A re-enactor at the Fort Loudoun gate
Click here for a worksheet that you can use with both this and the Henry Timberlake virtual tour and here for a video called "Happy Times at Fort Loudoun."
In the 1750s, neither the state of Tennessee nor the United States of America existed yet. The area now known as Monroe County was at the far reaches of the British empire, and the British colony whose influence was strongest in this area was South Carolina.
In 1757 South Carolina's colonial government built a fort here called Fort Loudoun. The structure now located at the Fort Loudoun State Historic Park is a copy of that fort, located at the exact location of that fort. But the story of the original fort, and what happened to its inhabitants, is a harrowing one.
Fort Loudoun was built because England was at war with France, and the colonies were a part of that international struggle. The fort, in the heart of Cherokee territory, was meant to ensure that Cherokee warriors fought against the French rather than the English.
Cherokee chiefs were receptive to the idea of Fort Loudoun because they thought it would give them access to European-made goods for which they could trade. In fact, when soldiers arrived in 1756 and began building the fort, they gave guns, powder, tools, iron cookware, clothes and other things to ensure friendly relations.
For a year or so, things appeared to be cordial between the colonial soldiers and the neighboring Cherokee. Soldiers built the fort -- a large, wooden, enclosed palisade that contained barracks, a blacksmith shop and various storehouses. (A palisade is a fence of stakes set firmly in the ground for defensive purposes.) Trade between the colonial soldiers and the Cherokee occurred on almost a daily basis. A few Cherokee war parties left and fought skirmishes against the French, just as the British hoped they would. Some of the soldiers' wives came to live at the fort, and a few of them even had children (which are believed to be the first English children born west of the Appalachian Mountains).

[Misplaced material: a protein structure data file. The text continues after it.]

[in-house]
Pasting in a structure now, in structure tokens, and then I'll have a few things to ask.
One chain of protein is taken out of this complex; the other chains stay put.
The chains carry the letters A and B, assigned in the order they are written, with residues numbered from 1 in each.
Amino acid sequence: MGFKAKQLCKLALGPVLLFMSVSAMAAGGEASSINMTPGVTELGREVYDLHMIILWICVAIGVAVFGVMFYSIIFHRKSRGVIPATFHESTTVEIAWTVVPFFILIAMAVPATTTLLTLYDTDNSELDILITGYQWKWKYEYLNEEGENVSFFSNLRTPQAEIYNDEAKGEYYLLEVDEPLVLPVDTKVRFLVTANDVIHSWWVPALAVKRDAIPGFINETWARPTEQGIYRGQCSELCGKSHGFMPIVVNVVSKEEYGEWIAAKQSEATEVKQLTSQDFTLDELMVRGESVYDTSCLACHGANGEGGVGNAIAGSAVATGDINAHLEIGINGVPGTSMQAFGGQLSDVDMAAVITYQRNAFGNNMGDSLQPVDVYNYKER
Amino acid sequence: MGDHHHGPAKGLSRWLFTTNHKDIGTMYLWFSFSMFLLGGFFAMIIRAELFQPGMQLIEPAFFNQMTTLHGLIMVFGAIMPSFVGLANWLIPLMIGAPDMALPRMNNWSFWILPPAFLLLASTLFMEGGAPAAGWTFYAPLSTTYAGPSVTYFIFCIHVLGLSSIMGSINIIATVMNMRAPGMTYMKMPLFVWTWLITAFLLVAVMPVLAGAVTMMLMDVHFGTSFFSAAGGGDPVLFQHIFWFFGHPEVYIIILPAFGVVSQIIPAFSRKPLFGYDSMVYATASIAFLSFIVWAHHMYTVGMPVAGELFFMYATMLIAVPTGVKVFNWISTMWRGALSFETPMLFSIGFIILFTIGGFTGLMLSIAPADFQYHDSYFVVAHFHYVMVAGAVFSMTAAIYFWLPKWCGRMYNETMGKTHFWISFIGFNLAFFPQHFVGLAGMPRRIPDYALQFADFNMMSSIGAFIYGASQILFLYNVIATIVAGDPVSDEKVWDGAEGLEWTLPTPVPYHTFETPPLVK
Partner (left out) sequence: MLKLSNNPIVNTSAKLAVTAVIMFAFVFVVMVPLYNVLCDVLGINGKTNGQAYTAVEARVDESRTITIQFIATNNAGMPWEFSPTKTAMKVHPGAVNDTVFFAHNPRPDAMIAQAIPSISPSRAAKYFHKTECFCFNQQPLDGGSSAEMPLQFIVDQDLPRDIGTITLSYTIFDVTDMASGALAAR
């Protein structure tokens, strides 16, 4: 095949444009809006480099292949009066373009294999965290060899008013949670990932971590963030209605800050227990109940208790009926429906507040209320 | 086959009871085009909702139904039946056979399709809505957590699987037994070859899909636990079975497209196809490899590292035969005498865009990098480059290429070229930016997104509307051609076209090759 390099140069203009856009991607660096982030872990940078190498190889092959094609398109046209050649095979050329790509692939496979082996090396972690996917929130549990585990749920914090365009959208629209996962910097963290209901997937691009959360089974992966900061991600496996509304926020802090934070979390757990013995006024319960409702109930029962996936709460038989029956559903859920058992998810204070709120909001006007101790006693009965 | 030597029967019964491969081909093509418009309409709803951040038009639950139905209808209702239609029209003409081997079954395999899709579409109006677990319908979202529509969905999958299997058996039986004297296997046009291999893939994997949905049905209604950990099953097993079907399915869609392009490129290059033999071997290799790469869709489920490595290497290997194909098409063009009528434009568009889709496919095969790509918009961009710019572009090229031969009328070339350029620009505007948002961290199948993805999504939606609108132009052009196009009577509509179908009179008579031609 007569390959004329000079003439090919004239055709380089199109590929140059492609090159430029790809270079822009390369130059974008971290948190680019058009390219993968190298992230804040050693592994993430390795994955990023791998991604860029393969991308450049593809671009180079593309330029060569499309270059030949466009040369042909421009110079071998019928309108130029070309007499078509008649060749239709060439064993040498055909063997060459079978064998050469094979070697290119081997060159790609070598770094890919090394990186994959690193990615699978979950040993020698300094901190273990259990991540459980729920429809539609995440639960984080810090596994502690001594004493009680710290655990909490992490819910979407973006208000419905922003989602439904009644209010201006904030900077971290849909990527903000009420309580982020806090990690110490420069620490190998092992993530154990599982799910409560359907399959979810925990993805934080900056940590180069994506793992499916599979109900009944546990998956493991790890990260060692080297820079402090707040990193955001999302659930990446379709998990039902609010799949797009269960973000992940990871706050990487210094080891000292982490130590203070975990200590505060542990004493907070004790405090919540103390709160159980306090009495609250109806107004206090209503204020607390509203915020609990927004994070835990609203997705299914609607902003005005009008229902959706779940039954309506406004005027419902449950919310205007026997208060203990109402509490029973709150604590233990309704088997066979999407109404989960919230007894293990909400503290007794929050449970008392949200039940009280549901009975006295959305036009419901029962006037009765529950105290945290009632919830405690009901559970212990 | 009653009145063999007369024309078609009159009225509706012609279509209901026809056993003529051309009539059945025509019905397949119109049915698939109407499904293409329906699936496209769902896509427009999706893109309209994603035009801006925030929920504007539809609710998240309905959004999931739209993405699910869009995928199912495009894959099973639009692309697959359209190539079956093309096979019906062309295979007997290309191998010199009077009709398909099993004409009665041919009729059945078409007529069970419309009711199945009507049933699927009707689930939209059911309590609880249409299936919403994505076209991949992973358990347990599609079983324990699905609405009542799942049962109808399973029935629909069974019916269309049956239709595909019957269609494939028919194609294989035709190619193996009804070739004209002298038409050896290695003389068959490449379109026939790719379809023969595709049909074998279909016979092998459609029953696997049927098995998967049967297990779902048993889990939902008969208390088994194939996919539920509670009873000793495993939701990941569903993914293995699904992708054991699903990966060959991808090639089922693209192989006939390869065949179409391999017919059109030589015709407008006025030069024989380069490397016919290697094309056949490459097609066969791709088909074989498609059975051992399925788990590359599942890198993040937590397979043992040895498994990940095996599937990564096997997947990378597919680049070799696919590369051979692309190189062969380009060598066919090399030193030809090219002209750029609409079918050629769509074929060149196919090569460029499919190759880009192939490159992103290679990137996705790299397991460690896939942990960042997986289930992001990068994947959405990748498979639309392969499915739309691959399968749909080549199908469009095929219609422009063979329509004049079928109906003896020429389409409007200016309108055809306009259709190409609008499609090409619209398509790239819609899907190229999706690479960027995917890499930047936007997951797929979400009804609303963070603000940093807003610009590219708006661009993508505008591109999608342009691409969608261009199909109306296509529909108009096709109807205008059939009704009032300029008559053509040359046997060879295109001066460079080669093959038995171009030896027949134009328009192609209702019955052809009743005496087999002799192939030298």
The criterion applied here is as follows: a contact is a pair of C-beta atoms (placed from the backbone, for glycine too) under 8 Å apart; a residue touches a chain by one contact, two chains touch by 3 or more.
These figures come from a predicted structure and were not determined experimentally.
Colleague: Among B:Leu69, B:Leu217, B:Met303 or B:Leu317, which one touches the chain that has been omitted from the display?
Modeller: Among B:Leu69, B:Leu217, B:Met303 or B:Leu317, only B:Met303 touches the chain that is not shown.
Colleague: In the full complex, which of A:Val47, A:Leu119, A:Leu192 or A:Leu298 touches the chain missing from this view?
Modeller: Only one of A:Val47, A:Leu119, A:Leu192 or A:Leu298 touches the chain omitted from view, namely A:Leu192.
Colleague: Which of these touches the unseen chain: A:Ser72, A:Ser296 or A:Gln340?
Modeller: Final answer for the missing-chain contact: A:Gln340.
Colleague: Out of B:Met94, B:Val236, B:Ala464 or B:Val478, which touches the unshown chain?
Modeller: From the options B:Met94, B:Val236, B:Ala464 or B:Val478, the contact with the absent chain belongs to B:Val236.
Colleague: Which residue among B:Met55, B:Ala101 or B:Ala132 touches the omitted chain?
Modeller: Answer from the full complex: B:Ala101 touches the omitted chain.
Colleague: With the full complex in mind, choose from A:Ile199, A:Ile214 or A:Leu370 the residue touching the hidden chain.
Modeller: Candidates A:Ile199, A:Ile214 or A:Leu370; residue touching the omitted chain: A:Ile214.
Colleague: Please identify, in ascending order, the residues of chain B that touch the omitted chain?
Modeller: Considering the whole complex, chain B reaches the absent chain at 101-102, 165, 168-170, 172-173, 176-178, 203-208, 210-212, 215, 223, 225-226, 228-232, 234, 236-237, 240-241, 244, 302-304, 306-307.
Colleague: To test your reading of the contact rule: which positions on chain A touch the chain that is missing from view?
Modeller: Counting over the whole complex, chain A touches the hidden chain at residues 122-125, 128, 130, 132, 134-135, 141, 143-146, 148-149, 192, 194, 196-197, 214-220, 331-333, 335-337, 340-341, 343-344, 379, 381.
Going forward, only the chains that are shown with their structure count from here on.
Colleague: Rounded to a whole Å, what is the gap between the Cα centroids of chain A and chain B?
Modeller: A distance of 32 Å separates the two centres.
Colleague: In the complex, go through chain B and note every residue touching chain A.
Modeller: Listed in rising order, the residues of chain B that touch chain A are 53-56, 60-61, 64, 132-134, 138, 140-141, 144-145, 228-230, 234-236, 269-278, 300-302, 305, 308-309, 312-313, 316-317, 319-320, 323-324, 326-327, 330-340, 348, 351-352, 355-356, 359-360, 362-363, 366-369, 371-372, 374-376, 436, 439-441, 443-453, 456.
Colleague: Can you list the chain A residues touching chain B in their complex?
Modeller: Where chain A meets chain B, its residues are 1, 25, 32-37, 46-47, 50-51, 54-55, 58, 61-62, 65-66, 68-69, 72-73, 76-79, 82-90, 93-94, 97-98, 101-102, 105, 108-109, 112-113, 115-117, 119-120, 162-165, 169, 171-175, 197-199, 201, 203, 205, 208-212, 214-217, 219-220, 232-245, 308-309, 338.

Re-enactors portraying Cherokee at Fort Loudoun
PHOTO: Sequoyah Birthplace Museum
But in 1758 and 1759 relations broke down between the colonists and the Cherokee on many fronts. When the general in charge of British forces in America ordered his men to stop trading arms and gunpowder with the Cherokee, the Cherokee people near Fort Loudoun retaliated by refusing to trade food with the soldiers there. There were numerous acts of violence between Cherokee and colonials in Virginia and South Carolina, often started by misunderstandings and driven by the desire to retailiate for other events. Soon Fort Loudoun was surrounded by hostile Cherokee warriors.
The British government sent an army to relieve Fort Loudoun, but that army was attacked and never made it through the mountains. For much of 1760 the people inside the fort held out on the verge of starvation. Finally, in August, Captain Paul Demere of the British army surrendered the fort. The 230 people men, women and children were told that they would be allowed safe passage east across the mountains if they laid down their arms and turned over the fort's 12 cannon.
However, that's not what happened. On August 9, the British garrison spent the night about 15 miles east, next to a small body of water called Cane Creek. The next morning Cherokee warriors attacked and killed about 30 people, including Captain Demere. The rest of the soldiers and other people who had lived at Fort Loudoun were taken prisoner. Some died during the next few months, some were later exchanged back to the colonists, and some chose to live out the rest of their lives with the Cherokee.